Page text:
Human skin contains an abundance of the cholesterol compound 7-dehydrocholesterol. When this type of cholesterol is exposed to UV-B rays from the sun, it is converted to vitamin D3. This process happens without enzymes—in other words, you only require cholesterol, healthy skin, and time in the sun to make your own vitamin D3! The body can convert D3 to more active forms of vitamin D in the liver and kidneys, which are the forms used throughout the body for a variety of important chemical reactions.
Unfortunately, while this process is simple, it is not reliable or even advisable to rely on this method of obtaining vitamin D alone unless you routinely work outside in the sun and live close to the equator. Here’s why.
UVB Ray Intensity Varies Based on Location on the Planet
The amount of UV rays that reach the earth’s surface depends on the angle of the sun in the sky and the tilt of the earth depending on the season and latitude. The maximum amount of UVB that reaches the earth’s surface occurs in the summer months at midday in equatorial latitudes. In these conditions, spending a few minutes with a majority of your body’s skin exposed to direct sunlight each day would theoretically allow you to produce approximately 10,000 to 20,000 IU of vitamin D. These levels plummet, however, as you move away from the equator, change the time of day you’re able to go outside, wear clothing, hats or sunscreens, or as the season changes to fall, winter, or spring. Under these conditions, humans are not able to produce as much vitamin D from sun exposure. This is why many physicians recommend that their patients supplement with oral vitamin D capsules in the fall, winter, and spring. The sun’s rays are just not strong enough or hitting the earth at the right angle during these seasons to allow for the natural production of vitamin D.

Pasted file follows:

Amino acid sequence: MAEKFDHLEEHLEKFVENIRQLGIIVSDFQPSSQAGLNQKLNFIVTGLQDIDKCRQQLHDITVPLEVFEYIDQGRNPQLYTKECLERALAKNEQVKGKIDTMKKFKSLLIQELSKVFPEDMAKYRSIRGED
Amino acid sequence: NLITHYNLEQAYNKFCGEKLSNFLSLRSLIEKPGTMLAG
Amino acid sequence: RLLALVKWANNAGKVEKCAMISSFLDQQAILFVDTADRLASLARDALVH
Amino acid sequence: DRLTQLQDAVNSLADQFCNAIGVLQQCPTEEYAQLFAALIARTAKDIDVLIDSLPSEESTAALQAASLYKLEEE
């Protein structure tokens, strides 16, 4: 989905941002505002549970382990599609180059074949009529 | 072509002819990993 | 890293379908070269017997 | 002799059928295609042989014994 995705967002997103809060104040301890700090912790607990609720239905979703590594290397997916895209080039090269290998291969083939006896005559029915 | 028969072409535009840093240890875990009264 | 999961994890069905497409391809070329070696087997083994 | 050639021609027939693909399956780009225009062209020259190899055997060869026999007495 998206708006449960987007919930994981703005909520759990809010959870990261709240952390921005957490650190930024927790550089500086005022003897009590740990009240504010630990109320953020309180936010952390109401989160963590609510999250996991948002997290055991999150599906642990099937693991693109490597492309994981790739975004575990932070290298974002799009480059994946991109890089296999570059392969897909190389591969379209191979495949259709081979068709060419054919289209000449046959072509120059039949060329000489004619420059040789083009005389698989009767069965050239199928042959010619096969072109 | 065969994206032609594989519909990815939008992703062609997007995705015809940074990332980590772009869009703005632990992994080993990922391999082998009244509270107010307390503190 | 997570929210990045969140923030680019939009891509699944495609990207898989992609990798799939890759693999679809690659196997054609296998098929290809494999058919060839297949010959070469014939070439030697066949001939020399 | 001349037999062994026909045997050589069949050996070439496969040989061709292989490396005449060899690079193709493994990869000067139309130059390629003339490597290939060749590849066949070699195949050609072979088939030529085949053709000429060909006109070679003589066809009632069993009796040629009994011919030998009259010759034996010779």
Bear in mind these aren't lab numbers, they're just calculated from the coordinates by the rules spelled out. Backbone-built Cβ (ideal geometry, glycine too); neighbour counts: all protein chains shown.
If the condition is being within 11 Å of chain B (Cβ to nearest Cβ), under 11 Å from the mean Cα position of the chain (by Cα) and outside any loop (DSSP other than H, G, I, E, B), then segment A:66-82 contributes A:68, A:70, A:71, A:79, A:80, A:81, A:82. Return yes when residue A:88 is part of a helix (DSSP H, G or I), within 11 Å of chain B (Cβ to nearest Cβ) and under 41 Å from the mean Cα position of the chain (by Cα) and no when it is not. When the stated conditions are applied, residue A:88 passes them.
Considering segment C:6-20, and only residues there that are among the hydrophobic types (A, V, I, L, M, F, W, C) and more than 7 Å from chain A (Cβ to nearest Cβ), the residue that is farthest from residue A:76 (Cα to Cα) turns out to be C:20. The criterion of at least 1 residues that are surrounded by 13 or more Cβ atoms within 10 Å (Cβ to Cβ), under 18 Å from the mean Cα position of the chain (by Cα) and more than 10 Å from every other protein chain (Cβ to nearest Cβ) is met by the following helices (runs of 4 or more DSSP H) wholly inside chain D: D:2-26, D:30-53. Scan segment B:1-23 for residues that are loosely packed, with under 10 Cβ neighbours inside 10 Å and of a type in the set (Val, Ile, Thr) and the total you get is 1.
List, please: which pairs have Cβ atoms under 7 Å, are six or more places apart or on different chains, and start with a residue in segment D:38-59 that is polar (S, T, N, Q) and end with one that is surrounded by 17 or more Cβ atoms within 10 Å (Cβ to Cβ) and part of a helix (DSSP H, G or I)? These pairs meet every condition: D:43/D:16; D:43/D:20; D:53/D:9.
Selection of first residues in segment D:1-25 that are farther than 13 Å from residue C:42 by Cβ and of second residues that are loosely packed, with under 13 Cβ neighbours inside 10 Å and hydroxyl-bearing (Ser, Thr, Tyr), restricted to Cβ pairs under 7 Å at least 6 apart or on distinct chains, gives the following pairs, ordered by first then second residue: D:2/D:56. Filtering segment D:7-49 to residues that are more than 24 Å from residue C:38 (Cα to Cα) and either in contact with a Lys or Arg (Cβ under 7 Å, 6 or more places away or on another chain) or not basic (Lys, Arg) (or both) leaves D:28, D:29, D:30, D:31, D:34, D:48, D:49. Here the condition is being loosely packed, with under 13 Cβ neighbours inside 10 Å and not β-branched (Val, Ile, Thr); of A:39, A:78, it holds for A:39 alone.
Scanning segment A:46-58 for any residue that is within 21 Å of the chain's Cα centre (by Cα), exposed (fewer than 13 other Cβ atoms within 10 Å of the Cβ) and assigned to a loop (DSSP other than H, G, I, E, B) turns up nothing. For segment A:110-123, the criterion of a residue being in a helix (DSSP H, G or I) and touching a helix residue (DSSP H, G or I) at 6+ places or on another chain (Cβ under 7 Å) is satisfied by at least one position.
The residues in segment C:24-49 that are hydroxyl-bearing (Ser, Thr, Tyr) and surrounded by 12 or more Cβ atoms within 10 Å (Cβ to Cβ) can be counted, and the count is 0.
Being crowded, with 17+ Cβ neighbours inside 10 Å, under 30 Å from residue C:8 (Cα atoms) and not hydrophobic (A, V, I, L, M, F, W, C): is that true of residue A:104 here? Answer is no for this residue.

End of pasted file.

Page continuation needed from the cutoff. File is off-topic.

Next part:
Risks from Sunburn Exposure Outweigh the (Uncertain) Benefits of Unprotected UVB Radiation
UV-B radiation—the type of ultraviolet radiation that turns cholesterol into pre-vitamin D in the skin—comes with a concerning side effect of DNA damage and increased melanoma risk. There’s a fine line between the amount of UVB required to make enough vitamin D and the amount required to induce a sunburn, which increases the risk of skin cancer. This fine line is measured in seconds or minutes, not hours, and it changes depending on the UV index and the amount of melanin produced in the skin as a result of genetics and recent sun exposure. It’s not reasonable to expect the majority of people to be able to track their changes in vitamin D in real-time (using a blood test) and adjust their sun exposure accordingly, and to be able to predict the exact moment when their skin will start to burn. For that reason, we have to err on the side of caution and advise folks to fully cover their skin in sunscreen to prevent melanoma, even if it means producing less vitamin D. For more on this topic, read the article on how to soothe sunburned skin.